One of the central unresolved issues of research on the “Chilean way to socialism” and its abrupt end in September 1973 is the question in how far the United States was responsible or contributed to events in that distant country. From the very moment of the Putsch more or less wild theories about U.S. involvement have been discussedranging from conspirational to apologetic versions. Serious scholarly approximations had to build on scattered and incomplete sources. Indeed, when I first published my book “Encountering with Yankee: North Americanization and Socio-Cultural Change in Chile, 1898-1990” in German in 2004 which is to be published by DIBAM in Santiago de Chile in Spanish next year I pointed out that the existing research was unsatisfactory.
With the recent rise of studies in Cold War history this situation slowly seems to change and Tanya Harmer’s new book makes an important contribution. She starts with the observation that the short period of Allende’s government was “sandwiched between” the Alliance for Progress and Operation Condor. Chile became a Cold War battleground when on a level superpower diplomacy “détente” presumably ruled the day. From a historical perspective this situations reminds of the “no peace beyond the line”-rule of the early modern period when the European great powers continuing wars in the New World not necessarily led to armed conflict in the Old World, too.
However, Harmer’s study shows that the superpower rivalry is not all there is to know about the Cold War and that our blindness to events in the so-called periphery have obscured important aspects. Harmer makes two central points: first we have to take actors in Latin America – in this case: chile, Cuba, Brazil - seriously in their ability to influence the course of events. Second we have to look beyond the traditional confines of bilateral or trilateral relations when studying intricate problems as the fall of the Allende government. The author lives up to her own demands by doing multi-archival research and by integrating a wide range of oral history interviews into her interpretation. Of course these methodologies are not so new but the way Harmer uses them is innovative in that she includes Brazil – not amongst the usual group of suspects – in her analysis. This broadening of the scope and decentering of the perspective does make a difference. Contrary to what other specialists – be they pro or anti-American – have told us the United States did not act alone but rather trusted in regional players to share part of the “Cold War burden”. Thus she convincingly speaks of a “’Latin Americanized’ counterrevolutionary crusade” (p. 10).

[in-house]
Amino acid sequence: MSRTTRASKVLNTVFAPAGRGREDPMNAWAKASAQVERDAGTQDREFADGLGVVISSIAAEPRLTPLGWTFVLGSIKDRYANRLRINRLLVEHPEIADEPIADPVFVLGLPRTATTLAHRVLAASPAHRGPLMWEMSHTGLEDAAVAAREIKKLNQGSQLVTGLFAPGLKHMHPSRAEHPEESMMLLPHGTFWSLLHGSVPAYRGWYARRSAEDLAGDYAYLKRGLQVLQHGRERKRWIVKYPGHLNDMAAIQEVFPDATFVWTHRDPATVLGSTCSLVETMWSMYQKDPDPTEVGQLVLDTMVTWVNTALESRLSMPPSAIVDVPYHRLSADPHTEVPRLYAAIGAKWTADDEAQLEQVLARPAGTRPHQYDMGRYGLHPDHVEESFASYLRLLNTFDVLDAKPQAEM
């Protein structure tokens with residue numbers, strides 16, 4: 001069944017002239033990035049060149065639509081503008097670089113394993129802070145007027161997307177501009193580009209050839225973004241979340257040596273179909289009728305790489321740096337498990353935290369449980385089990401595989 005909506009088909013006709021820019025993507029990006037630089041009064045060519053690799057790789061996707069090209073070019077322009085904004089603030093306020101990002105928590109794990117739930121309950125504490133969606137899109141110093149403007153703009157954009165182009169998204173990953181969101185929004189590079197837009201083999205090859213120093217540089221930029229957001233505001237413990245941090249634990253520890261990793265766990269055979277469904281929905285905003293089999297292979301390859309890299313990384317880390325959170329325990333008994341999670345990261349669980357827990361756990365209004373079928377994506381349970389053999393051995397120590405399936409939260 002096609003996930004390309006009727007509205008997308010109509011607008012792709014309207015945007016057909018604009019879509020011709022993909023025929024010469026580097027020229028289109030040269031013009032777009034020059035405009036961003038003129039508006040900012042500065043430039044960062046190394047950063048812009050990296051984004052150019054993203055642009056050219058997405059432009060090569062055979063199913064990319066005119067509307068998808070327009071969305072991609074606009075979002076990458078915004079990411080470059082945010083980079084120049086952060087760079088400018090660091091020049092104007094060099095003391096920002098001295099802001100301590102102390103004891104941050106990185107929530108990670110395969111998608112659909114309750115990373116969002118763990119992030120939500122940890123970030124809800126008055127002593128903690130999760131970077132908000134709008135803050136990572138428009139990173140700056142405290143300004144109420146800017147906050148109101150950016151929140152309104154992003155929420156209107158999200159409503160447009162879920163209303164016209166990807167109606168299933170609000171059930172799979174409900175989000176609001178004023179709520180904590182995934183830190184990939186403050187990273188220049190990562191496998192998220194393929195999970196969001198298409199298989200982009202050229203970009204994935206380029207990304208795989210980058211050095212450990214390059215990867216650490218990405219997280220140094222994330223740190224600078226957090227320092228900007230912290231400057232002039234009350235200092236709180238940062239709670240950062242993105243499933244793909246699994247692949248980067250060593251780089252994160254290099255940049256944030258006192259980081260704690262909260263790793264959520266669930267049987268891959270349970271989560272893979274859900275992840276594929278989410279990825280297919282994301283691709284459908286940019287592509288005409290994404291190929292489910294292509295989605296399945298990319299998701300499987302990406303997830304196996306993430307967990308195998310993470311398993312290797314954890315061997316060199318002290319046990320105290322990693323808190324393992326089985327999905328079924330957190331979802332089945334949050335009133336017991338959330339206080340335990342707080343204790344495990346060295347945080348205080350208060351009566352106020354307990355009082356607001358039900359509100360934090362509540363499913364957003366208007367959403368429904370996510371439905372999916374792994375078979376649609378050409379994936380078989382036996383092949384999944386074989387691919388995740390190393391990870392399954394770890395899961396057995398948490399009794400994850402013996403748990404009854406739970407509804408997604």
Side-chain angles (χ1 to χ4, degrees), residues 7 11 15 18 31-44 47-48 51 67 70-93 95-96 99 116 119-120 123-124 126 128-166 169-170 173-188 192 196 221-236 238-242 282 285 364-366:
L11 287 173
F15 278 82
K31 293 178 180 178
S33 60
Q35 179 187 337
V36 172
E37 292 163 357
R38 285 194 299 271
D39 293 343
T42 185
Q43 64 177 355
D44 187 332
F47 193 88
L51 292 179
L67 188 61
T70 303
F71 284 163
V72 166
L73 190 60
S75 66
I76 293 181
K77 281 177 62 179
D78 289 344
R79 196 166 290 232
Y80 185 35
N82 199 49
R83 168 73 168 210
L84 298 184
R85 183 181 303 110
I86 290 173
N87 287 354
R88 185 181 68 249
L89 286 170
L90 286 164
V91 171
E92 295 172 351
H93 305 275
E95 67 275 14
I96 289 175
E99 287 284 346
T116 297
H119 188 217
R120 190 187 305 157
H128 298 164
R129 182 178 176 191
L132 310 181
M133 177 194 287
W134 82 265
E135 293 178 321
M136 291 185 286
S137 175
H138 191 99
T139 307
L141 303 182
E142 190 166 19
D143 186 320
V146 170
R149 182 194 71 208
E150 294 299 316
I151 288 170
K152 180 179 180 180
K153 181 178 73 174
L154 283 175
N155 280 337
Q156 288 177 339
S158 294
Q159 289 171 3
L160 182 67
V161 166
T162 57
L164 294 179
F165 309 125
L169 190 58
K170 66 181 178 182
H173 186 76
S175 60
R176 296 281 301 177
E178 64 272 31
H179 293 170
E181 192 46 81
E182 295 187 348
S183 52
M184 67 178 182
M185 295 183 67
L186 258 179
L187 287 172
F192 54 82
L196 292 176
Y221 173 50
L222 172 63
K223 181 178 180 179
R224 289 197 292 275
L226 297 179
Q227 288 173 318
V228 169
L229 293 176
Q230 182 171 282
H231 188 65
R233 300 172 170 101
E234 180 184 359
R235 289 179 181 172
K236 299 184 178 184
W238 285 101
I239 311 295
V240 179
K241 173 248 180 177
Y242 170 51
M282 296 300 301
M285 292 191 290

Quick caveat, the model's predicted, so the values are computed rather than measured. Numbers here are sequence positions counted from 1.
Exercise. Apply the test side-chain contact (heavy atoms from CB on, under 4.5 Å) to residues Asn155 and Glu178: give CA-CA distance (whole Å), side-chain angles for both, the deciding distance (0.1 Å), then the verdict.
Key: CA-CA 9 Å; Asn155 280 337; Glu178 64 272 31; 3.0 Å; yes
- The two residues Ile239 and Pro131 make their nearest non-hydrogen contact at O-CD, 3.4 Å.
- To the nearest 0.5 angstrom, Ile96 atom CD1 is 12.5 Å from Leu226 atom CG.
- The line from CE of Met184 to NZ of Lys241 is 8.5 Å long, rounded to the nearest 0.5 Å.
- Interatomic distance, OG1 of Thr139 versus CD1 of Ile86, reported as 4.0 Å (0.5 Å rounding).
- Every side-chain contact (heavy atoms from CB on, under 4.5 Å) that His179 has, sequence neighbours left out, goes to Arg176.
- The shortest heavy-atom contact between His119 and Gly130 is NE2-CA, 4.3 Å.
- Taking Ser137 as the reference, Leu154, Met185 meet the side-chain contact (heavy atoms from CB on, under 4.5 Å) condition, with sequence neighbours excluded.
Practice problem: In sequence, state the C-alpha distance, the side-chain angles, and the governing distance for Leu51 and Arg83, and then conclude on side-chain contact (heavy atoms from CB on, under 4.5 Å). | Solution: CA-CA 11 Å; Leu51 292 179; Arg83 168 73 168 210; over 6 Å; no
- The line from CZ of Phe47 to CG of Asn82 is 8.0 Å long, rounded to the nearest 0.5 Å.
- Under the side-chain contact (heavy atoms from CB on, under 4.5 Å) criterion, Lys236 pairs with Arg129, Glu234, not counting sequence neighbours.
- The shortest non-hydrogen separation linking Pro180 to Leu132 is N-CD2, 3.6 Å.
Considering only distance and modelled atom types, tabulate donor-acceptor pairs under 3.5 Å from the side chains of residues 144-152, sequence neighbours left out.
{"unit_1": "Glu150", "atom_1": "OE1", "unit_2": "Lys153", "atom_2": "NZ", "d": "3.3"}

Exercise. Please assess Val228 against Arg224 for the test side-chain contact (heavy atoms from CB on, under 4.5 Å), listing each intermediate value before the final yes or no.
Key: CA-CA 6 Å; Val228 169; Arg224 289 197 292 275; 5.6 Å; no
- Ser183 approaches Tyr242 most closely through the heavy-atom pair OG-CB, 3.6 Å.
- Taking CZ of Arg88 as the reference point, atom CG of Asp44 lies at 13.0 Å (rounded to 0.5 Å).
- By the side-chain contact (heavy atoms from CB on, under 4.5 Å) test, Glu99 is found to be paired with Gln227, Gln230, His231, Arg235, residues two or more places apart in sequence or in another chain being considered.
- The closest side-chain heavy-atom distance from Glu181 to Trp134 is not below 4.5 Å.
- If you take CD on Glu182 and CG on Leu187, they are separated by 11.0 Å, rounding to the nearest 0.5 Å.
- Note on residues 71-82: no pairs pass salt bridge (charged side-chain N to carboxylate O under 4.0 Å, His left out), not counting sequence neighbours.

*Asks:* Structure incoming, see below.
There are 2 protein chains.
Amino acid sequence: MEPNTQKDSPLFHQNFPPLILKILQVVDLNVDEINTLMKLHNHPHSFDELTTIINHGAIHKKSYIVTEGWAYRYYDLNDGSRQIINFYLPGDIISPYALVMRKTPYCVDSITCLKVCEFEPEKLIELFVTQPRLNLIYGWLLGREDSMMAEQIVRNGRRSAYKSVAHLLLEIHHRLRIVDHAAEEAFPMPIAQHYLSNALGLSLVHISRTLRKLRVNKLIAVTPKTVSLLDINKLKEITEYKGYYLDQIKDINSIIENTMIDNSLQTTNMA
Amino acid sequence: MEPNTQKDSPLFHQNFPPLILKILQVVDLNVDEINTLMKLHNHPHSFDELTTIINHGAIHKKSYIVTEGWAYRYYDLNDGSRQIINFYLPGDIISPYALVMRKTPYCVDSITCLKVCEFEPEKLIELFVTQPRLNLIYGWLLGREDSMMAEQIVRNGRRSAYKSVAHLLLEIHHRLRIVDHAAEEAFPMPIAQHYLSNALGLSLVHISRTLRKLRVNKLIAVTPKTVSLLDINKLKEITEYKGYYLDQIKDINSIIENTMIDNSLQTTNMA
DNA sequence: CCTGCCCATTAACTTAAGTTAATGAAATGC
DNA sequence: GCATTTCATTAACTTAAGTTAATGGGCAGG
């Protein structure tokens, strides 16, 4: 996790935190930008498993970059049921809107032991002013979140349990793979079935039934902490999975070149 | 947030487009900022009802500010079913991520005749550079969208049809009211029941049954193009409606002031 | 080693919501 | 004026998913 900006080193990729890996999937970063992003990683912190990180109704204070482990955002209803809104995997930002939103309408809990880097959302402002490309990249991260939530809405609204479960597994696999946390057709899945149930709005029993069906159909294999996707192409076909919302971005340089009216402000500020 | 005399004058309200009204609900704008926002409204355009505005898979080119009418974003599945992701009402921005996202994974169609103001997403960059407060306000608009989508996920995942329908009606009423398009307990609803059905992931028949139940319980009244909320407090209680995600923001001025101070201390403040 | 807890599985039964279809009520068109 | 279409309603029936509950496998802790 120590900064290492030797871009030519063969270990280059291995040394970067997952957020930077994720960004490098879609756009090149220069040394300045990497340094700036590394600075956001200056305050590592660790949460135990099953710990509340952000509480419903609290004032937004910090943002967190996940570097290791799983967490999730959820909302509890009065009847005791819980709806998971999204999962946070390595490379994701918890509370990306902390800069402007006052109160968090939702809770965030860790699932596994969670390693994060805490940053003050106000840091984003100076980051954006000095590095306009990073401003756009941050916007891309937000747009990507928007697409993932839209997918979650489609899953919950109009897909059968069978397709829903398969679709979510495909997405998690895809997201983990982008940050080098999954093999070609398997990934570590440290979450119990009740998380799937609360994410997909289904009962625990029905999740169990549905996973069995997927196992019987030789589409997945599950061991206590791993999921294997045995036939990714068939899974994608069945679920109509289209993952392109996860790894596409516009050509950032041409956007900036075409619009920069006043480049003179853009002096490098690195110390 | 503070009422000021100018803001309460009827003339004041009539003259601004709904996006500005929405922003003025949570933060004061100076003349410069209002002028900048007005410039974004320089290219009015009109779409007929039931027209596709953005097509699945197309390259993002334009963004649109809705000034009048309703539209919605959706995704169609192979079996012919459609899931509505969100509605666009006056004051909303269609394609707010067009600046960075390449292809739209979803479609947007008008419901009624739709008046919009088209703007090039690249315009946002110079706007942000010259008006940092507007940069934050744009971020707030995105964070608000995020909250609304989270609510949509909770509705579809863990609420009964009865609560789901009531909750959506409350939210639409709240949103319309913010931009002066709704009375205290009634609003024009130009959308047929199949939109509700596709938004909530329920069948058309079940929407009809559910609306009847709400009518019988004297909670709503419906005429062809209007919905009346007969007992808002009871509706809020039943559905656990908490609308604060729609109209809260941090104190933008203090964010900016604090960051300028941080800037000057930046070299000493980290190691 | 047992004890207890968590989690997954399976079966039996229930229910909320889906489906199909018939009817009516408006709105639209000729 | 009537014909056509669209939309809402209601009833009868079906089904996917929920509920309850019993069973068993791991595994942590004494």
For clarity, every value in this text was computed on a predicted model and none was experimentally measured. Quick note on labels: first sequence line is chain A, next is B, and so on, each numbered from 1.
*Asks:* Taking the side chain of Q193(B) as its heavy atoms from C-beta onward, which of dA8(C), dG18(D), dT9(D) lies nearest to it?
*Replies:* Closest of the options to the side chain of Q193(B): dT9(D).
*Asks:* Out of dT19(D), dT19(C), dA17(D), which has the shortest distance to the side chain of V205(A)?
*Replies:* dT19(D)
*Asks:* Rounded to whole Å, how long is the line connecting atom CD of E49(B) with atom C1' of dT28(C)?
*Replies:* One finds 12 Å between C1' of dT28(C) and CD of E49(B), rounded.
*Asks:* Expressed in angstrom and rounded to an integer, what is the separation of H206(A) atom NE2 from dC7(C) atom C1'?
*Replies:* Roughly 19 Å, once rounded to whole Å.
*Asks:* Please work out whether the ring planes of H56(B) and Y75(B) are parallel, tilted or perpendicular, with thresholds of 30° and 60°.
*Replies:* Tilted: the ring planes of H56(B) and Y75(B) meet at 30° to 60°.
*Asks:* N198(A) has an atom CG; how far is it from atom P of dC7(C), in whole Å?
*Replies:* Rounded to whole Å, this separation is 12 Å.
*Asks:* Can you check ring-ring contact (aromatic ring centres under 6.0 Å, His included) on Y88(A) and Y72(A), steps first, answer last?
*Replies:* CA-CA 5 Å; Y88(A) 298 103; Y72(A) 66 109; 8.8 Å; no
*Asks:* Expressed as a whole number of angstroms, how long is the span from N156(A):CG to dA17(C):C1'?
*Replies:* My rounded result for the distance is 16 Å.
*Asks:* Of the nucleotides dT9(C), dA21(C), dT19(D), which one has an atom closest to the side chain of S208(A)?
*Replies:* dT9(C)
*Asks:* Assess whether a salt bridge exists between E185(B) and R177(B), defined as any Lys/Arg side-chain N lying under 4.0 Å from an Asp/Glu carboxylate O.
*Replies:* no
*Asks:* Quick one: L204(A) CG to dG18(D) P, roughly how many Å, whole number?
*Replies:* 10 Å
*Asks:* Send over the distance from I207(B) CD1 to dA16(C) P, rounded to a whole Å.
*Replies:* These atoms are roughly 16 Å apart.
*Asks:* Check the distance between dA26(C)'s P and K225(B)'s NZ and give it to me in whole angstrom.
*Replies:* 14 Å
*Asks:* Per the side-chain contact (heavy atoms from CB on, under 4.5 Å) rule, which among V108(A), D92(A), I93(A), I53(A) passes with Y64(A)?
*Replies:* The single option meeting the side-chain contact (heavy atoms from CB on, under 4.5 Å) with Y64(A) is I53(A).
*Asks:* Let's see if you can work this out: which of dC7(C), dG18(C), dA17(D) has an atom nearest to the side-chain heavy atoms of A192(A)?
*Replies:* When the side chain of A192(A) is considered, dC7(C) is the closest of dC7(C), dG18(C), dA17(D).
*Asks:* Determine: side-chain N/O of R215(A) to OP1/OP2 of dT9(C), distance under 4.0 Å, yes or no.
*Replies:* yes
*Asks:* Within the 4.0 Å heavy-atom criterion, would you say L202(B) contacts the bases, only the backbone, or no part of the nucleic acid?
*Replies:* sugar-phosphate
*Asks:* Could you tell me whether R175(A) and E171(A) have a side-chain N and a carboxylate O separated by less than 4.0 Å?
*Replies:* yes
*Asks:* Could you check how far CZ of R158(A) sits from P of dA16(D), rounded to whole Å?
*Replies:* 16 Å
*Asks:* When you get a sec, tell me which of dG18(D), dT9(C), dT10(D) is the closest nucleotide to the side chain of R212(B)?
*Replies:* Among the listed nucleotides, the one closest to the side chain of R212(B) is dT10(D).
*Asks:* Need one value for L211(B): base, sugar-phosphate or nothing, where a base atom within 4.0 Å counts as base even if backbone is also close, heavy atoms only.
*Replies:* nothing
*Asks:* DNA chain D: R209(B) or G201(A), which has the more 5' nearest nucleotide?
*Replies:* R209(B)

The book is structured chronologically. In her first chapter Harmer gives an informed overview of the inter-American system before 1970. She focuses on the role played by revolutionary Cuba in the Latin American context and discusses the – close – relationship between Castro and Allende which dates from this period. Harmer then goes on to study the reaction to Allende’s election both in Cuba and the United States. She makes the point that both approaches were shaped by regional factors. In the third chapter, Harmer changes her perspective and looks at the foreign policy scene in 1970 from a Chilean perspective. As we all know, Allende’s good fortune was not to last very long. Harmer discusses the rather rapid decline of his government despite the superficial success of the nationalization of the copper sector and of Castro’s long visit to Chile. She demonstrates that the context in the Southern cone was at the same time dramatically worsening with the rise of the right in that region. Chapters 5 and 6 follow up with a thick description of events in 1972 and early 1973. In her final chapter, Harmer concentrates on the coup discussing the harsh treatment of Cuban representatives. She also proves conclusively that Washington encouraged the new military rulers to join forces with their neighbors in fighting the Left.
On the whole this is an important book on the foreign policy intricacies during the period of the Allende government. It offers a close look at the motives of actors ranging from the White House to Allende’s ‘Group of Personal Friends’. Of course, such a perspective has its limits, too. Harmer’s actors are all members of a small elite of foreign policy makers. We do not learn anything about what the dramatic events meant to the people in Chile of the time. Neither do we get a feeling for the ambivalent attitudes that many Chileans harbored when it came to evaluating the United States or what was perceived to be typically ‘norte americano’. Nevertheless, Harmer’s book is a valuable contribution to the new literature on the history of the Cold War.